Somers, John. A Discourse Concerning Generosity (London: Printed for J.A., 1695) Inscribed “Kath: Blount” and dated “1705.” British Library, shelf-mark Cf. Rudolph, Judith. Common Law and Enlightenment in England, 1689-1750 (Boydell Press, 2013), p. 193.

Willughby, Francis. The Ornithology . . . In Three Books (London: Printed by Andrew Clarke, 1678) Inscribed “Katherine Blount Given me by Mrs. Pope 1730.” The National Trust, shelf-mark WIM.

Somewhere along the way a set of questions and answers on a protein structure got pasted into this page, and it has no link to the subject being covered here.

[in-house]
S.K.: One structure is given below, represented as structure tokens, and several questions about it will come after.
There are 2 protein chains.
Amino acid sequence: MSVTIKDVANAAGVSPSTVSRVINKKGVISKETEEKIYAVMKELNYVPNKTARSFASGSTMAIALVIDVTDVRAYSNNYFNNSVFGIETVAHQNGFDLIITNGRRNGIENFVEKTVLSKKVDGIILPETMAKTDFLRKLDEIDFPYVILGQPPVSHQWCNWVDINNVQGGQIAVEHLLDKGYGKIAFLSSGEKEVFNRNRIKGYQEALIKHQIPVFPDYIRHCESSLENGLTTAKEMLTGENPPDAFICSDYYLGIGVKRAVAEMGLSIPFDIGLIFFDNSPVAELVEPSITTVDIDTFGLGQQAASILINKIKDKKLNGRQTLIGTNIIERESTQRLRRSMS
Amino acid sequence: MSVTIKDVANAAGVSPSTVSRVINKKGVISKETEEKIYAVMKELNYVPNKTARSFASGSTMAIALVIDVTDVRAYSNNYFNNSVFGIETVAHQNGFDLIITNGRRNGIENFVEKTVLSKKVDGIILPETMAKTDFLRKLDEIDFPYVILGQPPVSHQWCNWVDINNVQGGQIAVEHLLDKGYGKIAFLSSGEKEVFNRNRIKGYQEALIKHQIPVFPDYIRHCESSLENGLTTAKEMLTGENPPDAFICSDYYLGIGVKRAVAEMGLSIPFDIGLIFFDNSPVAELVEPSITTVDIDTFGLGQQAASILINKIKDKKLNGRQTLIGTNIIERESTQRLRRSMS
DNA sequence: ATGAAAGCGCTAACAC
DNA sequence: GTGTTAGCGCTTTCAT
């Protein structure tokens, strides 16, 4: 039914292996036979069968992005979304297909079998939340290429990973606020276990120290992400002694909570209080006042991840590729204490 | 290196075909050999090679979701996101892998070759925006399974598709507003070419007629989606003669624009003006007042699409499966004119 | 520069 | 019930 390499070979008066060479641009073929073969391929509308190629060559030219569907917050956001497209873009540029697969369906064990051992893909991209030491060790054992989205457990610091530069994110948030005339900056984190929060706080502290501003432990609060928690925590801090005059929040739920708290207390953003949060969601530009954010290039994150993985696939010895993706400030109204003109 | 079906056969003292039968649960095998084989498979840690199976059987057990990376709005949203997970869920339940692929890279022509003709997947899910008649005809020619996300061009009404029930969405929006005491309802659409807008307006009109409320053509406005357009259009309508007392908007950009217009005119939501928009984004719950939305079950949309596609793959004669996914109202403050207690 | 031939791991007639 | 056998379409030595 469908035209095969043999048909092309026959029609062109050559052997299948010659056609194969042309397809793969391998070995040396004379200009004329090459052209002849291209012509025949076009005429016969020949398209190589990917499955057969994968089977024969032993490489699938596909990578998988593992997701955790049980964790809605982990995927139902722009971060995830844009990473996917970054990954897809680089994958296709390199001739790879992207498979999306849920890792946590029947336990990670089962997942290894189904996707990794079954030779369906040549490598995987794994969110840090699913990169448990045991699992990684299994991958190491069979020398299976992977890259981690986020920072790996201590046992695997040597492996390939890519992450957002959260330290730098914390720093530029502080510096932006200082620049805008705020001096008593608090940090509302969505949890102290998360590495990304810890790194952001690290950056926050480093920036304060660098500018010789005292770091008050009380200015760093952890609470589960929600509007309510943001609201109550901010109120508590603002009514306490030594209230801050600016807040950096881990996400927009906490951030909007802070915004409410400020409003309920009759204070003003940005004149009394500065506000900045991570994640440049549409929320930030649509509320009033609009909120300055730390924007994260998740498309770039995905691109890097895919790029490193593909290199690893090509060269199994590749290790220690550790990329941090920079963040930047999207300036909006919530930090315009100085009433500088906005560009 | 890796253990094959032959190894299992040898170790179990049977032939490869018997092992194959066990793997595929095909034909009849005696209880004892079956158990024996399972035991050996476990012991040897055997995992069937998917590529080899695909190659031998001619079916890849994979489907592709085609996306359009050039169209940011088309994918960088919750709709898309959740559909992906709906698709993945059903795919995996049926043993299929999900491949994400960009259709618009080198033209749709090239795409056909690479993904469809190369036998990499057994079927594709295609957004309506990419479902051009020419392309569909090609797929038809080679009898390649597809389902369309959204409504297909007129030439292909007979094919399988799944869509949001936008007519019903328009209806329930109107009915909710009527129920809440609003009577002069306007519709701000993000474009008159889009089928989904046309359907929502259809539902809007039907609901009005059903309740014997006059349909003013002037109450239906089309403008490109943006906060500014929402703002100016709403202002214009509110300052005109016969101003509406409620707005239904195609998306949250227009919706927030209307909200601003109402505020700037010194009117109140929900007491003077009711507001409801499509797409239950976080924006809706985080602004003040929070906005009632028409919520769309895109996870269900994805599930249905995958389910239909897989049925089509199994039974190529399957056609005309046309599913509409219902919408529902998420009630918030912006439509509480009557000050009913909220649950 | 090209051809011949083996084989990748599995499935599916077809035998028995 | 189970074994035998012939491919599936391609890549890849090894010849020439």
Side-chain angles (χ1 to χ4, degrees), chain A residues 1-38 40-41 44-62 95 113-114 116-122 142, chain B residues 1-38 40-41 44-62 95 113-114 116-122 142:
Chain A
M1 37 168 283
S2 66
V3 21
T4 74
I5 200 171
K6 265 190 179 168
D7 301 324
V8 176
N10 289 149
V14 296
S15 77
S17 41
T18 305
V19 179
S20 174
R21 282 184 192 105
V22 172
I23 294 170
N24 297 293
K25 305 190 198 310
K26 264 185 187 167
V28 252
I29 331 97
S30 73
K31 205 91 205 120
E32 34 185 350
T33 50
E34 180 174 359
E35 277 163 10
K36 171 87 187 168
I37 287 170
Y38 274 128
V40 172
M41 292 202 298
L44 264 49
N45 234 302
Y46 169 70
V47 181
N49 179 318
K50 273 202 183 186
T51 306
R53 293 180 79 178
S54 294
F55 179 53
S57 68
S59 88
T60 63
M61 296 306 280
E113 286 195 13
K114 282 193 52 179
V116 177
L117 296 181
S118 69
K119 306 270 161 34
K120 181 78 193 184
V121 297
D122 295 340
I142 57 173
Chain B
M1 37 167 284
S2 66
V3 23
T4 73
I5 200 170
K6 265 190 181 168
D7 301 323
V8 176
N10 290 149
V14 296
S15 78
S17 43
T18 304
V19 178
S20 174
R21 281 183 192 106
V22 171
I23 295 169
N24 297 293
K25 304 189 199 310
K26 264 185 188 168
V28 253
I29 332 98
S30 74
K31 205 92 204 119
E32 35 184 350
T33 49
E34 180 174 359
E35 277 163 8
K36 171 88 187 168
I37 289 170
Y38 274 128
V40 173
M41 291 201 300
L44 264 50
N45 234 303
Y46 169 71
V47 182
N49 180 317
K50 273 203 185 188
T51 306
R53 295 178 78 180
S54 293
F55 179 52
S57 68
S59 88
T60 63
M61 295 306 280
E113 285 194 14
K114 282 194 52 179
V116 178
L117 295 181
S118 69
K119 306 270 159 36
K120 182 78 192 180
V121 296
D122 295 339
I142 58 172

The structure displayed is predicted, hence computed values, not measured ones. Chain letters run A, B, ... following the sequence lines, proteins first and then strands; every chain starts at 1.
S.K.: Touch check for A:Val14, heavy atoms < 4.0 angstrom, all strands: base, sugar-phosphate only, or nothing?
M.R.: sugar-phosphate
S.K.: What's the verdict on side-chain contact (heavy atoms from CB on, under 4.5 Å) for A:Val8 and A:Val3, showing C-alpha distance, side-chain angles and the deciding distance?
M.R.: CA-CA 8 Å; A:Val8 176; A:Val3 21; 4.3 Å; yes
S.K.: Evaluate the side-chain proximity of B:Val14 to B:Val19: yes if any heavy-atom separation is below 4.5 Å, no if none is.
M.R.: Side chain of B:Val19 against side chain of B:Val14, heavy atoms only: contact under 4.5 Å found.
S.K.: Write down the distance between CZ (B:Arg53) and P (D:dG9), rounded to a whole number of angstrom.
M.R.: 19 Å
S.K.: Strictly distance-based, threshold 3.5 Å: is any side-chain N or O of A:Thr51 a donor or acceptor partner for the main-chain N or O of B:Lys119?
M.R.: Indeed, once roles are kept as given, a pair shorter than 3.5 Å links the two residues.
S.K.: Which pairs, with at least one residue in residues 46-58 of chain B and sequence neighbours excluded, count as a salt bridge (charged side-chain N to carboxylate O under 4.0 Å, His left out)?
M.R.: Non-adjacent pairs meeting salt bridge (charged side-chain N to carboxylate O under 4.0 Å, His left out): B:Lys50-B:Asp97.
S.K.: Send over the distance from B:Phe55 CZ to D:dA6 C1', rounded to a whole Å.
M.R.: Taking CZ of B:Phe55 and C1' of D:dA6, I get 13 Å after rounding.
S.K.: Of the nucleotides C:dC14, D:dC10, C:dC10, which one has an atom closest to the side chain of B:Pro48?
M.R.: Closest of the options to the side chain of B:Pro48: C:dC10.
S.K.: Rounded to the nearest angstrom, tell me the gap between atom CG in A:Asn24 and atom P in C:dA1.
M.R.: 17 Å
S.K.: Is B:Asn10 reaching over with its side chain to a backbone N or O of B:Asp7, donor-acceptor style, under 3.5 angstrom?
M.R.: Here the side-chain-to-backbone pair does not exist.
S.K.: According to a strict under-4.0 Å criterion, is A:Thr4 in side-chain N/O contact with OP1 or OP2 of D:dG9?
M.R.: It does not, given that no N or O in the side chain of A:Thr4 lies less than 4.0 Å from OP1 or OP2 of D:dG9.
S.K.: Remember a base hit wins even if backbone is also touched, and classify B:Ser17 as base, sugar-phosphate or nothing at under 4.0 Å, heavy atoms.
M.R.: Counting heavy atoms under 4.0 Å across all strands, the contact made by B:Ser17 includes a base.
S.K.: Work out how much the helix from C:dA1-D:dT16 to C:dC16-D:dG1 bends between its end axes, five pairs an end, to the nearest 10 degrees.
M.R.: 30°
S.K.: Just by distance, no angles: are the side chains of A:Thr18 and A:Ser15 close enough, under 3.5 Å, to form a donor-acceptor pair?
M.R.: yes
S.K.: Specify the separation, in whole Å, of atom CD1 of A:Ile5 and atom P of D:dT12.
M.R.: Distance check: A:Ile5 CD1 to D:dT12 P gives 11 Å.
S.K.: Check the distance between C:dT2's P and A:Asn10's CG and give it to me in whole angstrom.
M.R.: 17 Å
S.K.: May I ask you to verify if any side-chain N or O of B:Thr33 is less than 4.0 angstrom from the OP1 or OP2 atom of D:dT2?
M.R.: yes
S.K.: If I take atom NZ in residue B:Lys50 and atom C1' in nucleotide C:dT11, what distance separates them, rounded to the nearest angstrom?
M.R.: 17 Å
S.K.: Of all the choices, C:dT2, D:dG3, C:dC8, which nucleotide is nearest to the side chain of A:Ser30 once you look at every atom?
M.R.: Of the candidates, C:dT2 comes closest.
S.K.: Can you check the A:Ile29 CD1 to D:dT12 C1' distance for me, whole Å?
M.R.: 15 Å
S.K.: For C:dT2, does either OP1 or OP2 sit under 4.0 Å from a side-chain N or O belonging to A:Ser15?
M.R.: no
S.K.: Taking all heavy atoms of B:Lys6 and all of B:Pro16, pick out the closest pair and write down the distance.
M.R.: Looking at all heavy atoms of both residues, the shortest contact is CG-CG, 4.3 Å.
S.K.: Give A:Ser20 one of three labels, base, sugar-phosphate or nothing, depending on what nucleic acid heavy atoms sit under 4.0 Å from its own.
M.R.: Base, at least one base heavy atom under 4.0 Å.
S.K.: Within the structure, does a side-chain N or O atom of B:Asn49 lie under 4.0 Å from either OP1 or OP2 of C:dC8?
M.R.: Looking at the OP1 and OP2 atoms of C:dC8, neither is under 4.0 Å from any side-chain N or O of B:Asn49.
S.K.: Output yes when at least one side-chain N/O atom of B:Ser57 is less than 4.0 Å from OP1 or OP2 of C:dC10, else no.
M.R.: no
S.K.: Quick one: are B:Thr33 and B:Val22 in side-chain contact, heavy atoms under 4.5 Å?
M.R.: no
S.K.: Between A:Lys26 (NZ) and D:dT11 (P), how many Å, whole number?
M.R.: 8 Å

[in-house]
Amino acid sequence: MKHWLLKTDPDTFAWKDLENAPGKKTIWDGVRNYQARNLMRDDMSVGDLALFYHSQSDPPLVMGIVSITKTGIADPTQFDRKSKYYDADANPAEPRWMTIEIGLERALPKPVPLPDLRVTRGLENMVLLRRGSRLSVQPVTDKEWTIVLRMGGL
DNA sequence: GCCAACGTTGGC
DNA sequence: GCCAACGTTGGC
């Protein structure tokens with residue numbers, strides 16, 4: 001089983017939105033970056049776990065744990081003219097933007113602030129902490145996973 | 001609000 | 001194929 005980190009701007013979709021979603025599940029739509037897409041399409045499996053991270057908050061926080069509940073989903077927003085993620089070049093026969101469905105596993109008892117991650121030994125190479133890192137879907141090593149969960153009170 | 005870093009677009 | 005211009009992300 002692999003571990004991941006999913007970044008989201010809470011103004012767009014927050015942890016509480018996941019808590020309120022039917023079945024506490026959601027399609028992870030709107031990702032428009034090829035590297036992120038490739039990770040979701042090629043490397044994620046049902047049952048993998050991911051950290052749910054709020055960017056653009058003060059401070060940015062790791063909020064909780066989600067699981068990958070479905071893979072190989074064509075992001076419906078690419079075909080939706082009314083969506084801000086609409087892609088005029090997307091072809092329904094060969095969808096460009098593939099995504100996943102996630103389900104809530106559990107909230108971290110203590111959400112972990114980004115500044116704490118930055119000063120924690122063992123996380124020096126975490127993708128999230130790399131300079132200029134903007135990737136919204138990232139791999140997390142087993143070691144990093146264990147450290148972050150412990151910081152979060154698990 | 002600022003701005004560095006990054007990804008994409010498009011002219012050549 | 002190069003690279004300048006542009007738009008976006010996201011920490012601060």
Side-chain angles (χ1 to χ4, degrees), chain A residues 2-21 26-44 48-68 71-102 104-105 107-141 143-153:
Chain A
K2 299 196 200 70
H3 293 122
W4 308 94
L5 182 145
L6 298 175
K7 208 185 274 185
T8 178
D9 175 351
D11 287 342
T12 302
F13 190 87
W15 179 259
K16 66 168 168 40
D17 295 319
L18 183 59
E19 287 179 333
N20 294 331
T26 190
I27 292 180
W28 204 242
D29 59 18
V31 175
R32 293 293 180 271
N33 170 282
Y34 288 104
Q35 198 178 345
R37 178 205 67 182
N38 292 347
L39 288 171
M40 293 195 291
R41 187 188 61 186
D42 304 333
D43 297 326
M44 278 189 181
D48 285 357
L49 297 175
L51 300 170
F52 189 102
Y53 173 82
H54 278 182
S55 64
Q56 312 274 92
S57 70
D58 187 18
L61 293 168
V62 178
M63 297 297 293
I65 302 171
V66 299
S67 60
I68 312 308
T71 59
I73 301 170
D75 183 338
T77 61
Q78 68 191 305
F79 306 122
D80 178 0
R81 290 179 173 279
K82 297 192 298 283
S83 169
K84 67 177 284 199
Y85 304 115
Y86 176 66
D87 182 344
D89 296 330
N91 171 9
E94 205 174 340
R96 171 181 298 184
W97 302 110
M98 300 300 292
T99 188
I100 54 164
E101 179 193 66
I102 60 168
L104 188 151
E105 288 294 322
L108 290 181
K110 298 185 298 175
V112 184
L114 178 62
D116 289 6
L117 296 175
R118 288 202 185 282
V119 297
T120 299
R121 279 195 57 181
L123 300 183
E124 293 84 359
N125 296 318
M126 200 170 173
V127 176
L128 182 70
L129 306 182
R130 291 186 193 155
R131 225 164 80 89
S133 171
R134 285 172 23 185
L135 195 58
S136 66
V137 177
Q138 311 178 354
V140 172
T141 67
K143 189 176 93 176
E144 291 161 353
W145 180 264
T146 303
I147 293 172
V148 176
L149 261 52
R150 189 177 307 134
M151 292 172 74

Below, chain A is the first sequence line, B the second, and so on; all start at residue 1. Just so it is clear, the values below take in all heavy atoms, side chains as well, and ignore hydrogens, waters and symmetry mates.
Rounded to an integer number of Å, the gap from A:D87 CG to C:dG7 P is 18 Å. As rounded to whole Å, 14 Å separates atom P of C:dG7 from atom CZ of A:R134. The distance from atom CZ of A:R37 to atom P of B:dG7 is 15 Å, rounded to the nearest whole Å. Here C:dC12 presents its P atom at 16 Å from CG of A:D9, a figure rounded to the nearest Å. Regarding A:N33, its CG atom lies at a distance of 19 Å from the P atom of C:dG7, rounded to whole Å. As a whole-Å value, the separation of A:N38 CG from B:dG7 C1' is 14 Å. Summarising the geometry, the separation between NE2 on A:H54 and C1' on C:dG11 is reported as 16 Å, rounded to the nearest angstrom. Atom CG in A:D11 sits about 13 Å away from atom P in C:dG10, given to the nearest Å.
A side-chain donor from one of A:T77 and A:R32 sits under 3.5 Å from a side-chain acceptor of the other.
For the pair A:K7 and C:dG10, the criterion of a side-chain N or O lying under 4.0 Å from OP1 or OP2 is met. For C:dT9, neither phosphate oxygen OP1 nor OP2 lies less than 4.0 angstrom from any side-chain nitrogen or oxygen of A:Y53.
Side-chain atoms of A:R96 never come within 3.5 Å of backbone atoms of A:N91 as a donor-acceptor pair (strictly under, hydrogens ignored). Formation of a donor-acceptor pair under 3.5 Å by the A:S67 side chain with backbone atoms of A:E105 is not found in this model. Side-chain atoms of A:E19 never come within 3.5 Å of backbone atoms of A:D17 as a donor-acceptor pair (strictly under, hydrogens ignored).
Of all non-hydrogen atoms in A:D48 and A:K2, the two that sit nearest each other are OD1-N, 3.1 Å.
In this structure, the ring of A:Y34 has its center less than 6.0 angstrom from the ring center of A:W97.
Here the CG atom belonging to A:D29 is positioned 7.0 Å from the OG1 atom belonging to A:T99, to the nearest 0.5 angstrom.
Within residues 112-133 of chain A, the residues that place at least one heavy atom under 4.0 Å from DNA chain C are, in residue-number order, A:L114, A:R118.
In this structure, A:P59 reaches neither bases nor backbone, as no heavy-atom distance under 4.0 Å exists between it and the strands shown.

These six books demonstrate the breadth of Blount’s reading interests and also confirm that she did indeed systematically date new additions to her library as the inscriptions in her Reynolds and Jonson attest. The acquisition dates of the books described in this essay span a thirty-eight year period from 1696 to 1734. Katherine lived an additional nineteen years after 1734, and it will be interesting to see if any of her books emerge which are dated after this year. Her son Harry sent her a letter in October 1738 thanking her for “ye gift of Theophilus etc: wch I have once read, & design to read it often carefully Over,” so it seems clear that books continued to play an important role in her life and that of her family well into the 1730s, and probably beyond (79).  It would be interesting, too, to delve into how the National Trust came to hold three of her books and whether there are any more besides. Another avenue worth taking would be Blount’s relationships with the women and men who gave her books, particularly Sarah Churchill, Duchess of Marlborough and “Mrs. Pope.”